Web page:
Cheese often has a nutty note. It's not far-fetched to imitate cheese based on nuts. Cashew nuts are particularly good for this. But it's not just the taste that impresses, but also the consistency and processing options of cashews. In contrast to other nuts, cashews have a rather mild taste. If desired, this can easily be pimped up with a few spices. Another advantage of cashews is their naturally creamy white color. This is particularly suitable for imitating light cheeses.
If you want to make cheese substitutes with cashews, you should have a good mixer. Because that depends on how creamy the end product will be. It is also important that the kernels have been soaked in water beforehand, because only then can they be processed really well.
There are several ways to soak cashews. To be on the safe side, soak the cashews in warm water overnight. If you don't have a lot of time on hand, you can soak them for a few hours beforehand or even boil them in water for about 10 minutes.
One of the foods that I don't want to miss any time soon 😄. Because for me, nothing comes close to the taste of “real” cheese like the aroma of yeast flakes. This spicy, hearty umami taste is created by the glutamic acid contained in yeast flakes.
Unlike dry yeast and fresh yeast, the yeast cells contained in yeast flakes are inactive. So adding nutritional yeast to a dish does not cause the dough to rise. Instead, they are used as a binding agent and for their taste.
It is true that yeast flakes contain many vitamins and trace elements, which is a good thing. However, yeast flakes are usually consumed in such small quantities that the “effect” of the ingredients in yeast flakes is not as extraordinary as is sometimes made out to be.
Yeast flakes are usually sold in 200g cans or bags. There are now spicy and sweet versions. The spicy version contains pure yeast flakes (sometimes enriched with vitamins) and is suitable for savory dishes. For the sweet version, sweet ingredients such as whey powder, bee pollen or honey are added, which can then be added to muesli, for example. If you want to use yeast flakes to make vegan cheese substitutes, you should make sure to choose the spicy version when purchasing.
The flakes can be used plain (e.g. as a substitute for Parmesan) or added to the finished dish to create the cheesy taste. In general, yeast flakes should not be cooked as some of the B vitamins are sensitive to heat.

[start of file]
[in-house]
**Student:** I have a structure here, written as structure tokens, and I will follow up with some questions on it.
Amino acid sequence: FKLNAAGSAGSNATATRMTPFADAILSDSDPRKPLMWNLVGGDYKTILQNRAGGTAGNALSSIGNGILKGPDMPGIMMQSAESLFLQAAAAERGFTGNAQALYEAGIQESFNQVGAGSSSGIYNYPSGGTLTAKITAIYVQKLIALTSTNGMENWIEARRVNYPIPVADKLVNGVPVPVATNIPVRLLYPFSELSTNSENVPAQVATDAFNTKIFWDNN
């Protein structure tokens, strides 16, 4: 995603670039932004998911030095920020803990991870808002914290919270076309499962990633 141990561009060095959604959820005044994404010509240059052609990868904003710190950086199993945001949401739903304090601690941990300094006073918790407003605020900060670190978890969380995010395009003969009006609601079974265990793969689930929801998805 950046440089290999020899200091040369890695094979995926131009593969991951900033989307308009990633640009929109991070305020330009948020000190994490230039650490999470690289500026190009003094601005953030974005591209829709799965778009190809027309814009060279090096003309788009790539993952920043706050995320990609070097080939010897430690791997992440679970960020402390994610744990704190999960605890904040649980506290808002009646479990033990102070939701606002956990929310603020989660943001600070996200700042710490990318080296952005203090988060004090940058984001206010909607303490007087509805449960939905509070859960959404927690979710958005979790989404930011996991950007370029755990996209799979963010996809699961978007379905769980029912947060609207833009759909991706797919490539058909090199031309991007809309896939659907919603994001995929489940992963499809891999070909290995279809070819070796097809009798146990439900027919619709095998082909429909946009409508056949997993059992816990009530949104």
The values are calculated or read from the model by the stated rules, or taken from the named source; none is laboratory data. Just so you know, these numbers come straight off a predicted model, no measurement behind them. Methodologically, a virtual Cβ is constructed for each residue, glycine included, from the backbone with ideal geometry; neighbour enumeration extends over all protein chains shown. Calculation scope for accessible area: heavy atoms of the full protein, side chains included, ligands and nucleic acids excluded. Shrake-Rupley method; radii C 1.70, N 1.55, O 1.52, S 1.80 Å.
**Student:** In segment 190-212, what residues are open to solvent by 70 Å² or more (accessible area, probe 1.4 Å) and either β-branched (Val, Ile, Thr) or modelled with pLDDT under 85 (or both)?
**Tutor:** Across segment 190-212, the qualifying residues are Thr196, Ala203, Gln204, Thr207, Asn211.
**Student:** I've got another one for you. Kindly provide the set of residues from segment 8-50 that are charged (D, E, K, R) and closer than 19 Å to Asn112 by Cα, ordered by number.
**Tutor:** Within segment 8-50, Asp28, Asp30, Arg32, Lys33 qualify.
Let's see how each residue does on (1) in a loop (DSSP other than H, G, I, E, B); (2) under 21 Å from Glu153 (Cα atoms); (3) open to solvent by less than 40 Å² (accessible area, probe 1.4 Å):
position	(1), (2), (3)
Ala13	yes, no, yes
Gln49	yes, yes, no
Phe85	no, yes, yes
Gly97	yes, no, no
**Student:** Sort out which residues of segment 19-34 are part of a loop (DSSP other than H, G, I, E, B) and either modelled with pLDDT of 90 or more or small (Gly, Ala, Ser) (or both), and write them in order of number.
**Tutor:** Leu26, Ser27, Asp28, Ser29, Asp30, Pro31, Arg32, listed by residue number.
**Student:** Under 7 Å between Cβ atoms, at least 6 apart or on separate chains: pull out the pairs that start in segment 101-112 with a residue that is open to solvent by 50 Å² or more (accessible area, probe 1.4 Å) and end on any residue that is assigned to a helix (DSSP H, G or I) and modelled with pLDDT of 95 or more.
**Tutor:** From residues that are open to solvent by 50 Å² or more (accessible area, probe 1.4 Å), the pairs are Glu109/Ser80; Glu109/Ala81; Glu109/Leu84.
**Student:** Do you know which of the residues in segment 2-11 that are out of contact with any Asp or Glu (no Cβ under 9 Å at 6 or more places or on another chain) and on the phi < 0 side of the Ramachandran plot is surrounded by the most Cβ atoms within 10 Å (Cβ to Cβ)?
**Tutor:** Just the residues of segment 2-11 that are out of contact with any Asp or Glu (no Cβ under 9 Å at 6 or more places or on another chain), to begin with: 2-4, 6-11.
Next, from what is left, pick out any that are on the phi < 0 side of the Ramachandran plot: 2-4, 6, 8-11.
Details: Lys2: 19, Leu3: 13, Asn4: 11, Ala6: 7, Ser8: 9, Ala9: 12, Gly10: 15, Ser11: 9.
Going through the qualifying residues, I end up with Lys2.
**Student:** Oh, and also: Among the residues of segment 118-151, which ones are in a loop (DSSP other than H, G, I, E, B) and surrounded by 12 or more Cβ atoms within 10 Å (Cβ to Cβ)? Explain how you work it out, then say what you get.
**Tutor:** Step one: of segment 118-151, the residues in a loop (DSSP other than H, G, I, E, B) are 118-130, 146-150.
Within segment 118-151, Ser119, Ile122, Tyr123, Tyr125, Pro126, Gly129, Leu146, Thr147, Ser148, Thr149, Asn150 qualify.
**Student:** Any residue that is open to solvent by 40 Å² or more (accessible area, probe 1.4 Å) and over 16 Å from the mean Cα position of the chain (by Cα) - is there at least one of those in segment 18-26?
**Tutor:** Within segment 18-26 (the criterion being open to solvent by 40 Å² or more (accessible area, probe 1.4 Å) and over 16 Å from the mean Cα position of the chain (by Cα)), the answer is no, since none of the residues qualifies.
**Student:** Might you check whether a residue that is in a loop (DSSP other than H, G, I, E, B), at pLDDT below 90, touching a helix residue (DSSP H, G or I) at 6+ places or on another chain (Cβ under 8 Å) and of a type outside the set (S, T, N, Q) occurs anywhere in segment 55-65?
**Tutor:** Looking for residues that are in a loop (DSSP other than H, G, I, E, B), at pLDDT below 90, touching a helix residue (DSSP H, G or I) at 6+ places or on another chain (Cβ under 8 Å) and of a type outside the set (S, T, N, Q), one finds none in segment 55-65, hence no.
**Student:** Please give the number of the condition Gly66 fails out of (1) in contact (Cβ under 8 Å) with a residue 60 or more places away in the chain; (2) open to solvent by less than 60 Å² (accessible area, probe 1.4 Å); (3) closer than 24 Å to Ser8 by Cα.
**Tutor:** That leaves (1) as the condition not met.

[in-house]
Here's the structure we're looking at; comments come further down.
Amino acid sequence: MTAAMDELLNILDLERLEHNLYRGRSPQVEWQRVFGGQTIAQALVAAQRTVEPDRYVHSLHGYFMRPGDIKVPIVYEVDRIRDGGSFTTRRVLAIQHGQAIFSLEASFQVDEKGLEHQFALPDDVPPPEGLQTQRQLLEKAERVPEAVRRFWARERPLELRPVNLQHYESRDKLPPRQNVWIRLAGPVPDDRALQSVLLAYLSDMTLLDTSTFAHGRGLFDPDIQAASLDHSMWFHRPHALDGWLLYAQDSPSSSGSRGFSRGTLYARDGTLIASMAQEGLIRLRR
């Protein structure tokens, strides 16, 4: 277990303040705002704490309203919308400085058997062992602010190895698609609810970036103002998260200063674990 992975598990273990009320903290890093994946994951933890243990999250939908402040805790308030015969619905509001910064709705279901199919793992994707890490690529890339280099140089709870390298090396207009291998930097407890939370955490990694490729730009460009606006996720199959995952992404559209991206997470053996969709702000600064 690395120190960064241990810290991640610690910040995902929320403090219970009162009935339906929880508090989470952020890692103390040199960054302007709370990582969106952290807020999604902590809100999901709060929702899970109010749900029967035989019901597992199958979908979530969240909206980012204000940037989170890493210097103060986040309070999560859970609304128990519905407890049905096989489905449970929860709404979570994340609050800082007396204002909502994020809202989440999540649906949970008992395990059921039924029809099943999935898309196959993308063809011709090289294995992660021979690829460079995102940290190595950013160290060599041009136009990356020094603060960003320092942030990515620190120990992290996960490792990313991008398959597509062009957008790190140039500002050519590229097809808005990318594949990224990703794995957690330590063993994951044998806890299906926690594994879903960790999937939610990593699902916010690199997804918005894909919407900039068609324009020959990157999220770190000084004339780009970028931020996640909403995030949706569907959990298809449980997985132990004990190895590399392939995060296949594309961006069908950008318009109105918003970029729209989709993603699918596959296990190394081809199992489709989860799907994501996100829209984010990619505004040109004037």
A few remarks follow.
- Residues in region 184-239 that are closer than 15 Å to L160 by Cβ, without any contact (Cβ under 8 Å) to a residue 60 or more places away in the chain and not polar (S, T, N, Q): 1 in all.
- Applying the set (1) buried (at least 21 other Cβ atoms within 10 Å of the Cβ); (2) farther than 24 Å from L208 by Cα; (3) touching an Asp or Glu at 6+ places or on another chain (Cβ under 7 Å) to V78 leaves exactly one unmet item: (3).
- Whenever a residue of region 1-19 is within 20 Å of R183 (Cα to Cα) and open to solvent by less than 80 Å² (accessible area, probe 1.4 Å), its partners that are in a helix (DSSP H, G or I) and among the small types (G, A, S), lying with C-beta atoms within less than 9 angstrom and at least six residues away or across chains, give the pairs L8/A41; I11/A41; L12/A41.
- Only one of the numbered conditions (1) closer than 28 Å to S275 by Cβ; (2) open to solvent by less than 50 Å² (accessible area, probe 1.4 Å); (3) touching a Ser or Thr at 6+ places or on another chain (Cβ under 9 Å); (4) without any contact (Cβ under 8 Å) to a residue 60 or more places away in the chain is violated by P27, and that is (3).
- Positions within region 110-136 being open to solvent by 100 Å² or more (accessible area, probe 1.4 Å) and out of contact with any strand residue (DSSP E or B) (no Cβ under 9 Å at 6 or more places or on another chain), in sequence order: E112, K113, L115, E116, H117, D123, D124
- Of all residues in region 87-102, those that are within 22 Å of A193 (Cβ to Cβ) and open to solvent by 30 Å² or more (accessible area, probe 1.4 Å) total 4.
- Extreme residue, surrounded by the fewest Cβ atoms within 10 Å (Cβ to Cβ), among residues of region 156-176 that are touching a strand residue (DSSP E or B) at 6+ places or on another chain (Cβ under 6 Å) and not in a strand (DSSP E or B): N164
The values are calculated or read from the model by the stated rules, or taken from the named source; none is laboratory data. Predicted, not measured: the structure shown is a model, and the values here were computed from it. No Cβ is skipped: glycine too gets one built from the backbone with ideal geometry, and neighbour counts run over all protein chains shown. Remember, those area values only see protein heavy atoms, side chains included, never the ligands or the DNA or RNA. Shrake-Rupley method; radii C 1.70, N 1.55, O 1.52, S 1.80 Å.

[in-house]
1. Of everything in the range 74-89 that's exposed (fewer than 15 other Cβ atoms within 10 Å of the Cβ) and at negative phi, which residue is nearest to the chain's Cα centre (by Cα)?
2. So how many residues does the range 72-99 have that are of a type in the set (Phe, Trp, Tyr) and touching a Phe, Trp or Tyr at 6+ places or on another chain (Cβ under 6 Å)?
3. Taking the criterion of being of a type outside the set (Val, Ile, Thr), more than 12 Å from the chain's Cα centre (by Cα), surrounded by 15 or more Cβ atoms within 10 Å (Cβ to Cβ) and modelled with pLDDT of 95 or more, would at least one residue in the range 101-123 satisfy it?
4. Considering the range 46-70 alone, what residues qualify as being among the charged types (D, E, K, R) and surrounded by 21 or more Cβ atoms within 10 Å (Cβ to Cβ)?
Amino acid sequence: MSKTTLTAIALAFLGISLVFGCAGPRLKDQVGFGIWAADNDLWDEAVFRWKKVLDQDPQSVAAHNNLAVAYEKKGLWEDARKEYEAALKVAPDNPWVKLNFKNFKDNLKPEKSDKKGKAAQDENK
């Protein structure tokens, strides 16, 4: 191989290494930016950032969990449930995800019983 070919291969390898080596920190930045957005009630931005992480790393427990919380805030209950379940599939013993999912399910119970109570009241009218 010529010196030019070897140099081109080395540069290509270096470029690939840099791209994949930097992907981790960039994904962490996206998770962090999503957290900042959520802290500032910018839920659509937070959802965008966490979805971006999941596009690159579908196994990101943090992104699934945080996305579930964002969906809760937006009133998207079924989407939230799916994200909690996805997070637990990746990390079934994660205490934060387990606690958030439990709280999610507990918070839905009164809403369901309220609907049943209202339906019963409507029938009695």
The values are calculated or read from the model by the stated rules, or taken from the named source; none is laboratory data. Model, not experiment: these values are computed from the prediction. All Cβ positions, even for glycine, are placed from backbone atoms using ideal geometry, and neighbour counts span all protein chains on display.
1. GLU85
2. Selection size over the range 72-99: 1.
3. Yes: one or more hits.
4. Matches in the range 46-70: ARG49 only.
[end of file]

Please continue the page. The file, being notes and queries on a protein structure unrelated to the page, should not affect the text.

This is another food that I can no longer imagine my pantry without. Almond butter is versatile; I mainly use it in porridge and for baking. Unfortunately, if you buy it in the store, almond butter is quite expensive. But you can also make it yourself at home. Personally, I have to admit that I haven't tried it yet (but it's definitely on my list!).
But back to the actual topic:
Because almond butter can also be used as a cheese substitute. It is particularly popular for gratinating, for example on casseroles or pizza. If you have to do it quickly, you can add it straight over the dish before baking.
If you have a little more time, boil water with a little flour until a thick mixture is formed. Then stir in one to two tablespoons each of almond butter and yeast flakes. The whole thing is seasoned with salt and pepper – voilà, vegan cheese melt!
The nice thing about all of these ingredients is that they store well. This means you don't have to run to the supermarket every time you want to make cheese substitutes. You usually already have the remaining ingredients for making plant-based cheese at home, such as plant-based milk, flour or spices. So you can get started straight away! :)
If you would like to find out more about the topics of nutrition, mindfulness, family & pregnancy or sustainability, take a look here .
Short sentences that have a big impact - affirmations and mantras are particularly found in meditation and yoga as well as in spiritual teachings. But even if you don't have much to do with these a...Read more